Green Conservatism

Connie Hedegaard (photo by Kate Sheppard)

Connie Hedegaard (photo by Kate Sheppard)

Kate Sheppard was on the same trip to Denmark as I was, and wrote up this post about our conversation with Connie Hedegaard, Folketing member for the Conservative People’s Party and Minister for Climate and Energy in the current Liberal-CPP coalition government:

“It’s at the core of conservatism to take care of the environment, to protect nature, to use resources responsibly,” said Hedegaard. “I can think of nothing that’s more conservative than that.”

Her priority, she said, is that their policies be vehicles for economic growth. The export of clean tech increased 19 percent last year, triple what it was ten years ago. Just recently it passed pork as the country’s leading export product.

“I have tried to turn this into a growth agenda. It is not an anti-growth agenda,” she said. “Often back in the ’70s for the left, socialists and liberals, it was an anti-growth agenda. In a world where we’re going to become 9 billion people by the middle of this century, we must have growth. The challenge is to make this growth more green, to make it sustainable.”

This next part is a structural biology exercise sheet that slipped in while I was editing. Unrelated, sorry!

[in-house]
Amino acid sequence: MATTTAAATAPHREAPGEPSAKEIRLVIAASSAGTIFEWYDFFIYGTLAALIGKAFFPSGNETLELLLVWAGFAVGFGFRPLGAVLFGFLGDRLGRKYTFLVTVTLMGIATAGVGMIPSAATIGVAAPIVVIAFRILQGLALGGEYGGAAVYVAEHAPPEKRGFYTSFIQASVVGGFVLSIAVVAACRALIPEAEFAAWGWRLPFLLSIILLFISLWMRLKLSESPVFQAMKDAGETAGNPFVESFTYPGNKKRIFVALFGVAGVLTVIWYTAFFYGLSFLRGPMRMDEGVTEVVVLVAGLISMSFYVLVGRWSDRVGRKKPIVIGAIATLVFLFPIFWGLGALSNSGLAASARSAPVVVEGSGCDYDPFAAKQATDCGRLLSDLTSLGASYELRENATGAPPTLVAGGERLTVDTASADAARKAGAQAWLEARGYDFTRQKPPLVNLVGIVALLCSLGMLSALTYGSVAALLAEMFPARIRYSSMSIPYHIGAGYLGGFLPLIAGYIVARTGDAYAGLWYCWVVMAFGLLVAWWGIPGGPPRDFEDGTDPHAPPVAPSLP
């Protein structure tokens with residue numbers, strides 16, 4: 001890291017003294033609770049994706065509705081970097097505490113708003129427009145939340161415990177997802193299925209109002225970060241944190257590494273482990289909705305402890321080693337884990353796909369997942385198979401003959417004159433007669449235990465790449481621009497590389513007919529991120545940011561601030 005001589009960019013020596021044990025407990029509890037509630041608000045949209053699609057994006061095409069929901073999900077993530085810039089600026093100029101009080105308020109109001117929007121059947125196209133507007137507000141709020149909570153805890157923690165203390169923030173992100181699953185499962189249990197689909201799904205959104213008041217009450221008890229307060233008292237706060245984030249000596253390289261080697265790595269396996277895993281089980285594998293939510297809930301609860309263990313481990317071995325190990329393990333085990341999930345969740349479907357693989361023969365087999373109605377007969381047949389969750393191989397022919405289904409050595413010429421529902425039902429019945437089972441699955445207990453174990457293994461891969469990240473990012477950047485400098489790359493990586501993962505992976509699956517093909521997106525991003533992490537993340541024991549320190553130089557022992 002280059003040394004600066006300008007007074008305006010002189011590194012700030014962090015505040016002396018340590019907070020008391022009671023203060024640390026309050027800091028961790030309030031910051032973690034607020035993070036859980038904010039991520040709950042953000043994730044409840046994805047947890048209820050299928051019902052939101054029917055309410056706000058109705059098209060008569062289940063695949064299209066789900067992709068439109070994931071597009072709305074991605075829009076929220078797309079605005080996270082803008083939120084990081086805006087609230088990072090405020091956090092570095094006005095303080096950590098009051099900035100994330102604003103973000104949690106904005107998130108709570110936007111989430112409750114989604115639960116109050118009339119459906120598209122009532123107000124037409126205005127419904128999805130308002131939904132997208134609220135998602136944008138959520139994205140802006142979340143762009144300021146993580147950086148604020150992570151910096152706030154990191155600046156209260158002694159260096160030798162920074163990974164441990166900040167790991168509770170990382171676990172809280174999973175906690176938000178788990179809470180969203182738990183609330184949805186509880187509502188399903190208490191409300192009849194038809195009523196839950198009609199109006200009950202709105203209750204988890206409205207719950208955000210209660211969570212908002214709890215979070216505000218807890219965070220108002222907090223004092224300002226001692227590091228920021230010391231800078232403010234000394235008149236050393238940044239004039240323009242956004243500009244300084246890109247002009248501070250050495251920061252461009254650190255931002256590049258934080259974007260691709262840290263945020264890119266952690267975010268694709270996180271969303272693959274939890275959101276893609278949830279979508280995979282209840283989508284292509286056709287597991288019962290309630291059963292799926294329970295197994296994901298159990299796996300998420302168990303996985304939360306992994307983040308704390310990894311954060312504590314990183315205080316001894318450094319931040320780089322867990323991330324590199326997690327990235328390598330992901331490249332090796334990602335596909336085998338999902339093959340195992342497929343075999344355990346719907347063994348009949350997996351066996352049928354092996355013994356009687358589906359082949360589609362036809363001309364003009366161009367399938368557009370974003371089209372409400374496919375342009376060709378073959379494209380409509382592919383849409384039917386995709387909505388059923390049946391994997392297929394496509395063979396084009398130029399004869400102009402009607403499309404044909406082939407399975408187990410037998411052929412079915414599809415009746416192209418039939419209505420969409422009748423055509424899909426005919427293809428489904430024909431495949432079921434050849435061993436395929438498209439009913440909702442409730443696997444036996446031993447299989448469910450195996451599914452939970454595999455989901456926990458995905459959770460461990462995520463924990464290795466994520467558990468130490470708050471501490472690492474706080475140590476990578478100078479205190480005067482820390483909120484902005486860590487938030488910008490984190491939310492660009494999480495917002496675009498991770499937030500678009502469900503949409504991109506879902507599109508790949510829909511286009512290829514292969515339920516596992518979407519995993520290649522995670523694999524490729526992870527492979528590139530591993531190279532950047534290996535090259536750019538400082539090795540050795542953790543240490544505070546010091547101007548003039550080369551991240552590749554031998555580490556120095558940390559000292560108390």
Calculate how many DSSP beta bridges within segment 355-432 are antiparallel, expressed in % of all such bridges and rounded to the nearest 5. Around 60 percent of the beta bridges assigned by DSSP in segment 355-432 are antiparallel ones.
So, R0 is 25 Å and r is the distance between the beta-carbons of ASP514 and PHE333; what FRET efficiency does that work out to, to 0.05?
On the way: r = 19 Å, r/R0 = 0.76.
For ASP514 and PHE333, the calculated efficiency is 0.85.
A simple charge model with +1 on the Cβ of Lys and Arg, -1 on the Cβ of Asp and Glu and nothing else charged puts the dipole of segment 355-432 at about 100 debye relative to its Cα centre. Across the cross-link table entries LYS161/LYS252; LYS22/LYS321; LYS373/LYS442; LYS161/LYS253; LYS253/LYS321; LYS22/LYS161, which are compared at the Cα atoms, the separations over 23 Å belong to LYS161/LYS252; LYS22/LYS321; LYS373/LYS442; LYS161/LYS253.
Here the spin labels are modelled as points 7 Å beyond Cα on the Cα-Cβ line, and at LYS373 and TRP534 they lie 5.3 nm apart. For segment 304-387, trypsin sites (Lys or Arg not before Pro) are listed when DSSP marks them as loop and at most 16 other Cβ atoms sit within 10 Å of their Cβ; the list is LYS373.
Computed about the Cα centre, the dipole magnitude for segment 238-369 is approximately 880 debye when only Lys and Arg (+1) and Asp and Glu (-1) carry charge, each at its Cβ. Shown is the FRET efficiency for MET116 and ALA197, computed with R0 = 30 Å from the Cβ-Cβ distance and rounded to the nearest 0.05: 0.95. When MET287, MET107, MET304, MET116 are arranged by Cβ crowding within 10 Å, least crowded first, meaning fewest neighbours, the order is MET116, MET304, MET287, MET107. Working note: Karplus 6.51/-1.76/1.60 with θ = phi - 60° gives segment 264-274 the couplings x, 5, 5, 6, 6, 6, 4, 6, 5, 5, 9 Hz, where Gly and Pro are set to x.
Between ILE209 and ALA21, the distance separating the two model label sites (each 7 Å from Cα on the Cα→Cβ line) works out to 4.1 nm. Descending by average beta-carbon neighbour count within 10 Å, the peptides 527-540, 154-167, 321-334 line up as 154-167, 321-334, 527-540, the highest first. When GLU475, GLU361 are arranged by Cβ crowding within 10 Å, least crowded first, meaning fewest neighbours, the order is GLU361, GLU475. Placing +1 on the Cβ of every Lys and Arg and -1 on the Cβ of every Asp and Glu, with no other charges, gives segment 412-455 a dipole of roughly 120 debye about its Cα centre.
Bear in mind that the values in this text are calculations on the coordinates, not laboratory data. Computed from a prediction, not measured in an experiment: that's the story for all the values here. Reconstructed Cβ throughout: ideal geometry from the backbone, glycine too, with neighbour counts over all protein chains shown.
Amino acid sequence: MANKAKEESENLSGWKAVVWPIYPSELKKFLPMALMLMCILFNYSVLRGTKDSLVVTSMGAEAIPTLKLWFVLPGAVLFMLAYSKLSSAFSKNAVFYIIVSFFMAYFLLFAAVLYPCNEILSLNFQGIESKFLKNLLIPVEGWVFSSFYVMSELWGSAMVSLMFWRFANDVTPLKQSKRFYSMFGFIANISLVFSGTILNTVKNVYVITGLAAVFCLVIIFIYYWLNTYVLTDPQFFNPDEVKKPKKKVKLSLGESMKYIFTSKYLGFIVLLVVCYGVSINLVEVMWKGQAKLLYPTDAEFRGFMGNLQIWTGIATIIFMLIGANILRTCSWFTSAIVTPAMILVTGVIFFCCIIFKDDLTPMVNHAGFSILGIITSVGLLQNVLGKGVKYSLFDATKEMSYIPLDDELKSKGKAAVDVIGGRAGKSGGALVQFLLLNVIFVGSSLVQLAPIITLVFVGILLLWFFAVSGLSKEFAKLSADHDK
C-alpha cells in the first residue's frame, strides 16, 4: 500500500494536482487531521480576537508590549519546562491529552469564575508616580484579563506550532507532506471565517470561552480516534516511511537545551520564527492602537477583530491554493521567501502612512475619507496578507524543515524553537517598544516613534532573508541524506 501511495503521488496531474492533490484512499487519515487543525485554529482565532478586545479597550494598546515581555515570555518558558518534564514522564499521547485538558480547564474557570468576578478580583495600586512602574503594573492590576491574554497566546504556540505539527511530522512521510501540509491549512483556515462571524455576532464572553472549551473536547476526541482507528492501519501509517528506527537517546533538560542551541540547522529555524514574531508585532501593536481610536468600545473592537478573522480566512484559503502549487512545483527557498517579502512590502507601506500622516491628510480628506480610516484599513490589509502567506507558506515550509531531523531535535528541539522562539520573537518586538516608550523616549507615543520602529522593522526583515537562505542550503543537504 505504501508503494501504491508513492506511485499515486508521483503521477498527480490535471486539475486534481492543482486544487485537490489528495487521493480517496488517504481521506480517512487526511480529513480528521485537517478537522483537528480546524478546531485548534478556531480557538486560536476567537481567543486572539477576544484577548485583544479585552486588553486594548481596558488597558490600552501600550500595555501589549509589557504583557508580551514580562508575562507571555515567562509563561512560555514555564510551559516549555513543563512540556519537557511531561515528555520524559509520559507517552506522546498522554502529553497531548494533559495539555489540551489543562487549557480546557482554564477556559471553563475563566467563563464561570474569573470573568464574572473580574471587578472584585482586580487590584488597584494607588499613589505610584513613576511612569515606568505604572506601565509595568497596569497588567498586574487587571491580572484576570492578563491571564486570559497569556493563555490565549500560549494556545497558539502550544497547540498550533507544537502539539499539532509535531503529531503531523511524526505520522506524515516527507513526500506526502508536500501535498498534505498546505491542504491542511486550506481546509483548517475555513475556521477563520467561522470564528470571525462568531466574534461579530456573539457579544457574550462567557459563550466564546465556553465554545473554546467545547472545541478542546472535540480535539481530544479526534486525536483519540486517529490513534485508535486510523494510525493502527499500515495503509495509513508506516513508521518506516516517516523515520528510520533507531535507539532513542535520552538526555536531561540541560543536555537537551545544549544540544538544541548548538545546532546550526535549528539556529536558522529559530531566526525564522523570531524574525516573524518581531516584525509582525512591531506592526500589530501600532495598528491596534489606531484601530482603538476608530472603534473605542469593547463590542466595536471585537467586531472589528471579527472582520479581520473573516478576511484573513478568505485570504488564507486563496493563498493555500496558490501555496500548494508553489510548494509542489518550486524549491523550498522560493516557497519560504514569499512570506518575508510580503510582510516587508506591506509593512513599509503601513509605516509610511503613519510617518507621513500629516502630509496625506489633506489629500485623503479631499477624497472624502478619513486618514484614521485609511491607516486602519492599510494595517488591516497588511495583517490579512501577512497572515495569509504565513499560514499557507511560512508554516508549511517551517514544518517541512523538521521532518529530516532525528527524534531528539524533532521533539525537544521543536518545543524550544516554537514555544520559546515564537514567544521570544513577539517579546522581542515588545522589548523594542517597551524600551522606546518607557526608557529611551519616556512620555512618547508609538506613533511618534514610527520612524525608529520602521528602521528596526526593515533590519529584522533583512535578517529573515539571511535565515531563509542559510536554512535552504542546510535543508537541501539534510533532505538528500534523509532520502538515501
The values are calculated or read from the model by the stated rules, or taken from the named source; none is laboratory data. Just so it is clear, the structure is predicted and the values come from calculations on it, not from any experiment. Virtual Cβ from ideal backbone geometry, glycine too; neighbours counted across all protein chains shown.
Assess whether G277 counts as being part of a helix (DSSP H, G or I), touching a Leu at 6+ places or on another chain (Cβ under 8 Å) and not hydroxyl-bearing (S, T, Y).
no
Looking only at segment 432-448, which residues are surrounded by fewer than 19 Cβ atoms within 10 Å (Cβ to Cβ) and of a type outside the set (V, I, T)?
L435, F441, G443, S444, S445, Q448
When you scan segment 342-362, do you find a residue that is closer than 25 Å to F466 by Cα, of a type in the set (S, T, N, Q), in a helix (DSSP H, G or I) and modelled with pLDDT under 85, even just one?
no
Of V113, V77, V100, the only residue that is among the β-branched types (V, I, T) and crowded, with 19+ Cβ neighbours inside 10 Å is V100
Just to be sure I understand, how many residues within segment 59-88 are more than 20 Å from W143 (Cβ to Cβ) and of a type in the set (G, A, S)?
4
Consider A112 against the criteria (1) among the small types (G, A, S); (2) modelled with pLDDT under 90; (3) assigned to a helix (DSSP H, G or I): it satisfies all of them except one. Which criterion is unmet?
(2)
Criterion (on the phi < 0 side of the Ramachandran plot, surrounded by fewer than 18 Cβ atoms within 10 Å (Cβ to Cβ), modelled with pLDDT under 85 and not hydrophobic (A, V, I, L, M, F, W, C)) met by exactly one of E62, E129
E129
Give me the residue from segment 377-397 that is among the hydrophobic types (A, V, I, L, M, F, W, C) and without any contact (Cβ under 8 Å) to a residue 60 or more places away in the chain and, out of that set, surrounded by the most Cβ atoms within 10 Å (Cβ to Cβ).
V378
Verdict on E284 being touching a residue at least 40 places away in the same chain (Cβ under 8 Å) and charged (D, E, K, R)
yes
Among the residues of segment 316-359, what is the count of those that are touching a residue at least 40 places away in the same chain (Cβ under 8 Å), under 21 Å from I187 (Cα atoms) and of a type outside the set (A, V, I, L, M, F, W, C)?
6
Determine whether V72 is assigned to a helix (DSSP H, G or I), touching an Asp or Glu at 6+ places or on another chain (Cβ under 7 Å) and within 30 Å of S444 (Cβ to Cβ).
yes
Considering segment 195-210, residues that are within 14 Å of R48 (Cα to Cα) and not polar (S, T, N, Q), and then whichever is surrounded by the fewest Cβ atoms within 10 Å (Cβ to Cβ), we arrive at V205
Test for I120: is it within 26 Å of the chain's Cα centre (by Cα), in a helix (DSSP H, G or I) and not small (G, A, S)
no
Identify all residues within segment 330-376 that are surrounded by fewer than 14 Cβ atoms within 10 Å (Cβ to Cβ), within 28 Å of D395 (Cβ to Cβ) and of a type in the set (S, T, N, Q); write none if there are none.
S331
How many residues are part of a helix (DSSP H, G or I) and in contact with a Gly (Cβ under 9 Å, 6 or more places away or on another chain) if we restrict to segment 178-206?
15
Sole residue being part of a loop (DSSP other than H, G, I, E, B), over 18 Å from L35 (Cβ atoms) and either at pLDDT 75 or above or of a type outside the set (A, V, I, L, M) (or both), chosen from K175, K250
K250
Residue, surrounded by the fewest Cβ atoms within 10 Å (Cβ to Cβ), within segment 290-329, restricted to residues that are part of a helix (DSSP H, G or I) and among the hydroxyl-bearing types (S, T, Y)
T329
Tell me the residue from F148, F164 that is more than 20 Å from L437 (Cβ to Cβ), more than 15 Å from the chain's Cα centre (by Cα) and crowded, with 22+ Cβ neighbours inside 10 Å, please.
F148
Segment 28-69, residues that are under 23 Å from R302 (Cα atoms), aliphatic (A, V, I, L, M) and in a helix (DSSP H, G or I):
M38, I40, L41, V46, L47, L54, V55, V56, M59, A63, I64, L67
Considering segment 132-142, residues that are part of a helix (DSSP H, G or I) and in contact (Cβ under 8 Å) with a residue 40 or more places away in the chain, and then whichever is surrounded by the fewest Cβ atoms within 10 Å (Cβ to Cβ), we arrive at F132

This is basically a Teddy Roosevelt kind of view that from time to time has been espoused by John McCain here in the United States. Starting in the waning days of the Presidential campaign, and continuing for most of the Obama administration, this strain of green conservatism seems to have largely vanished. It recently got a bit of a boost, however, in the form of a joint op-ed by John Kerry and Lindsay Graham. Still, one strains to come up with an example of a right-of-center American politician whose level of commitment to the climate change issue would be recognizable by a Hedegaard or an Angela Merkel or a Nicholas Sarkozy. In part that reflects interest-group politics—the United States is a significant producer of fossil fuels in a way that only Norway is in Europe. But in large part I do think it reflects a kind of failure of intellect and imagination that American politicians have occasionally flirted with transcending, usually only to return to orthodoxy soon enough.